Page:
REVIEW: A lot of love in the room for Melissa Etheridge
I have a confession to make: I used to have a crush on Melissa Etheridge. It was a little disappointing when she turned out to be gay, but then I’d just fantasize I was a lesbian and the infatuation continued. She is beautiful inside and out. Basking in her warm, open-hearted presence and grooving on her formidable rock ‘n’ roll mojo at the Jubilee Auditorium on Sunday night (Feb 20) has only rekindled my passions.
See, I used to date a woman who cheated on me with another woman, which I didn’t think would be as bad as if she’d done it with a guy, but it was. So I broke up with her. Two years later, she’s married – to a guy – and pregnant. I think I scared her straight. It’s kind of the opposite of the Latino machismo where it’s allegedly a great honour when your ex-girlfriend dumps you for a woman. No other man can be the equal of me, the guy might say, puffing out his chest.
Well, that’s what she said.
There was a lot of love in the room at this concert – and not just from me. The fans absolutely adored Melissa. She could do no wrong. And she didn’t, starting with Fearless Love and pounding through her catalogue of empowering anthems with a tight three-piece band. There were songs of desire (I Want to Come Over), songs of sorrow (Unexpected Rain) and songs that merely stated her sexual orientation (Yes I Am). The crowd – a lot of female couples there – loved every minute of it.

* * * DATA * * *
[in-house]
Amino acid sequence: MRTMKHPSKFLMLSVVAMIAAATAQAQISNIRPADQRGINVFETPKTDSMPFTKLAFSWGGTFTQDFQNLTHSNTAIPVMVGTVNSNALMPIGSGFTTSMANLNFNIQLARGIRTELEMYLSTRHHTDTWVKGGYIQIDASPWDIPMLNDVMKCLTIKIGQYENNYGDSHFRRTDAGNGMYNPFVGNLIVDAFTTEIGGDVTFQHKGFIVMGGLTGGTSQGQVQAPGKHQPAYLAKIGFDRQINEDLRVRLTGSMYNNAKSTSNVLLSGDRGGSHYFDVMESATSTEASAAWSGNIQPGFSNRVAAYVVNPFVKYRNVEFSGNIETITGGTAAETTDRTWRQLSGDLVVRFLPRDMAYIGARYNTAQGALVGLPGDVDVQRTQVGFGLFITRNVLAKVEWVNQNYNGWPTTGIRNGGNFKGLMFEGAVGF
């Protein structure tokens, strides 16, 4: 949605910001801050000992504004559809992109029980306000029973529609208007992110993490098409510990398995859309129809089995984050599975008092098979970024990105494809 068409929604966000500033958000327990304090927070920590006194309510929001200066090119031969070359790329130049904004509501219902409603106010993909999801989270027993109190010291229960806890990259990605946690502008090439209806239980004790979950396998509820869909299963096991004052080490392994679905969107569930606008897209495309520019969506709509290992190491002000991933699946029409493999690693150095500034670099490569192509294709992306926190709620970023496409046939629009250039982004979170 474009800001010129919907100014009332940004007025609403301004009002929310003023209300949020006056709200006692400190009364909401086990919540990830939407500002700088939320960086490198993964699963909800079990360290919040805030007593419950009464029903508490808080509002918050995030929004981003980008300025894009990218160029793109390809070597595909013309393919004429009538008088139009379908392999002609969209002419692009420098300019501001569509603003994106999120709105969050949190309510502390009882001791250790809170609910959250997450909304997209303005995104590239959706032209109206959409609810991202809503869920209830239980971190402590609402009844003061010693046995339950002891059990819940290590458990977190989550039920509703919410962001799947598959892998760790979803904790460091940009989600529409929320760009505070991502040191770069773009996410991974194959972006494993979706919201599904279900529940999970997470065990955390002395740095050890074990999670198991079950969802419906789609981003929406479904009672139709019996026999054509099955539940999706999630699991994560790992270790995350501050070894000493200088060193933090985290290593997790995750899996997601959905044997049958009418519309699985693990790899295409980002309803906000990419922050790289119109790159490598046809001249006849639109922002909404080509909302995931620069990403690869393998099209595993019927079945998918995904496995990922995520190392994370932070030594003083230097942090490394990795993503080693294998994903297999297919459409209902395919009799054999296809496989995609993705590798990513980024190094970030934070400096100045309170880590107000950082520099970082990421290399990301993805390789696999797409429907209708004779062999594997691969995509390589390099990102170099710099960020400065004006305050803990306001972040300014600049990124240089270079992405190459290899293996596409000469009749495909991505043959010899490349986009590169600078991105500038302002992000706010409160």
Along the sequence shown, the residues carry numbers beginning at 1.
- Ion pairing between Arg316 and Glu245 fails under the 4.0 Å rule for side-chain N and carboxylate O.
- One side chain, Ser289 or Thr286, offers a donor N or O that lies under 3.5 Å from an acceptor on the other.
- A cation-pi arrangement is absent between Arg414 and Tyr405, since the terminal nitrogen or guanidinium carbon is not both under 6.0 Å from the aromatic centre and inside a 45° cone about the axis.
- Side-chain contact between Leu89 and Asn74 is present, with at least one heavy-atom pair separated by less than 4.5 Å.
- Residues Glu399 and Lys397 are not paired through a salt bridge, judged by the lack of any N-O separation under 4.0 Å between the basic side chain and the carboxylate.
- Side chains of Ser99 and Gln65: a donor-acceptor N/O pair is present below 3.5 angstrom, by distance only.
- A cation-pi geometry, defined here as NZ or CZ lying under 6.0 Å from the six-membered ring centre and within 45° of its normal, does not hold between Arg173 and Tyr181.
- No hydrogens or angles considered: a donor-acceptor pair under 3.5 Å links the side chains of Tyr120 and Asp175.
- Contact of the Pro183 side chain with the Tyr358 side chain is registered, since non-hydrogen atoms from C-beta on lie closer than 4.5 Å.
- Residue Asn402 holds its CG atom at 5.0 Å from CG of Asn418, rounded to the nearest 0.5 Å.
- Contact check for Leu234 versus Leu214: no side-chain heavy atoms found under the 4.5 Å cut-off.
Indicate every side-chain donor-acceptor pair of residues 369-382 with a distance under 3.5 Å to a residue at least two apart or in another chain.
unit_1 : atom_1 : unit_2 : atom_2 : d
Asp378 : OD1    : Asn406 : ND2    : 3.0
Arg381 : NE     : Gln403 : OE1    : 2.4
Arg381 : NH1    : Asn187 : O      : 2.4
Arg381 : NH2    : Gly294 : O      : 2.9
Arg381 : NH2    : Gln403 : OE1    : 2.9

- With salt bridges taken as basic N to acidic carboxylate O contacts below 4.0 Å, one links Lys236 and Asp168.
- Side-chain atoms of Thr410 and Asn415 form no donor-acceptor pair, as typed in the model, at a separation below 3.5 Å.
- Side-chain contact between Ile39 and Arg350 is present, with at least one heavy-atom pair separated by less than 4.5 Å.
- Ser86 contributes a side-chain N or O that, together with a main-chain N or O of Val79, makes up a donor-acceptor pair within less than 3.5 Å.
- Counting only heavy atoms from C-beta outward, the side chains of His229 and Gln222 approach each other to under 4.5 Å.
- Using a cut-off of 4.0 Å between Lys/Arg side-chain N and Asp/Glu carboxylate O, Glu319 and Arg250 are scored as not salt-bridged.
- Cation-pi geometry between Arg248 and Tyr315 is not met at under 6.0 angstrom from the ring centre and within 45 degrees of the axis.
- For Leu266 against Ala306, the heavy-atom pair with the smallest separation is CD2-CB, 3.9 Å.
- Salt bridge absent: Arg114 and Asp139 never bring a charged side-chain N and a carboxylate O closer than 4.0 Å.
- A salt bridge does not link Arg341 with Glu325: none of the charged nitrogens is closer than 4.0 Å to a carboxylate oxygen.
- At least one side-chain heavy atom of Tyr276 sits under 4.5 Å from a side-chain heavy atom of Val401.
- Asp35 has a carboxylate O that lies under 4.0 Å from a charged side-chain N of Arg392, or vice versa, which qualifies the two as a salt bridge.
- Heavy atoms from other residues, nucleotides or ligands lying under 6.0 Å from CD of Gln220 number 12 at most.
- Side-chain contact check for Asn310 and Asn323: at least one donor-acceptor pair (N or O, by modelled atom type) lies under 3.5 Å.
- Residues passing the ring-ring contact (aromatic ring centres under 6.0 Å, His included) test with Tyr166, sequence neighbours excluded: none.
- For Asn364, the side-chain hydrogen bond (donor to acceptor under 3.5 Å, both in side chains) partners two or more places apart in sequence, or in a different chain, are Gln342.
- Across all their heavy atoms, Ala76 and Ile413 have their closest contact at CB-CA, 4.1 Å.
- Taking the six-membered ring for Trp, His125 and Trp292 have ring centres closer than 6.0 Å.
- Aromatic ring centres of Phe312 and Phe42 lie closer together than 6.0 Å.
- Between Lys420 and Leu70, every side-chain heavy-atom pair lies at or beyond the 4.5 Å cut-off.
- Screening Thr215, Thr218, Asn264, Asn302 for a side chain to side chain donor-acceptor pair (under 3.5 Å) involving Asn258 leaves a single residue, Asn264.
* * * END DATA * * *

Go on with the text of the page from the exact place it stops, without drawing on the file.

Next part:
Toronto’s new folk queen Serena Ryder primed the pump nicely with a set of seduction music. The lesbians were enthusiastically singing along to a song called Weak in the Knees: “Would you mind if I walked over and I kissed your face in front of all your friends? Would you mind if I got drunk and said, ‘I wanna take you home to bed,’ oh, would you change your mind?”
Great. Now I have a crush on Serena Ryder. I don’t think she’s gay, but it doesn’t matter: her songs are universal. We don’t discriminate here. Nothing seemed awkward. Everyone felt welcome. Melissa saw to that pretty quick, offering increasingly raucous tidbits of wisdom like “If I don’t love me, who’s going to love me?” and “be yourself.” Seems obvious, really. At one point a female voice was heard to shout, “I wanna have your baby!” I puzzled over that one a moment. Etheridge didn’t hear.
Beyond her music, which comes alive on stage, elongated, twisted and extended into long jam sections for a far better result than what can be heard on record, Etheridge is a hero in many ways to many people – a pro-gay activist, a breast cancer survivor working for breast cancer awareness, activist for social justice, friend of President Obama. You could’ve played a drinking game: Take a swig every time she makes a pro-gay remark. By the time I Want To Come Over rolled around, I was drunk.
Not really. They don’t allow drinking inside the auditorium.
There was only that lingering afterglow.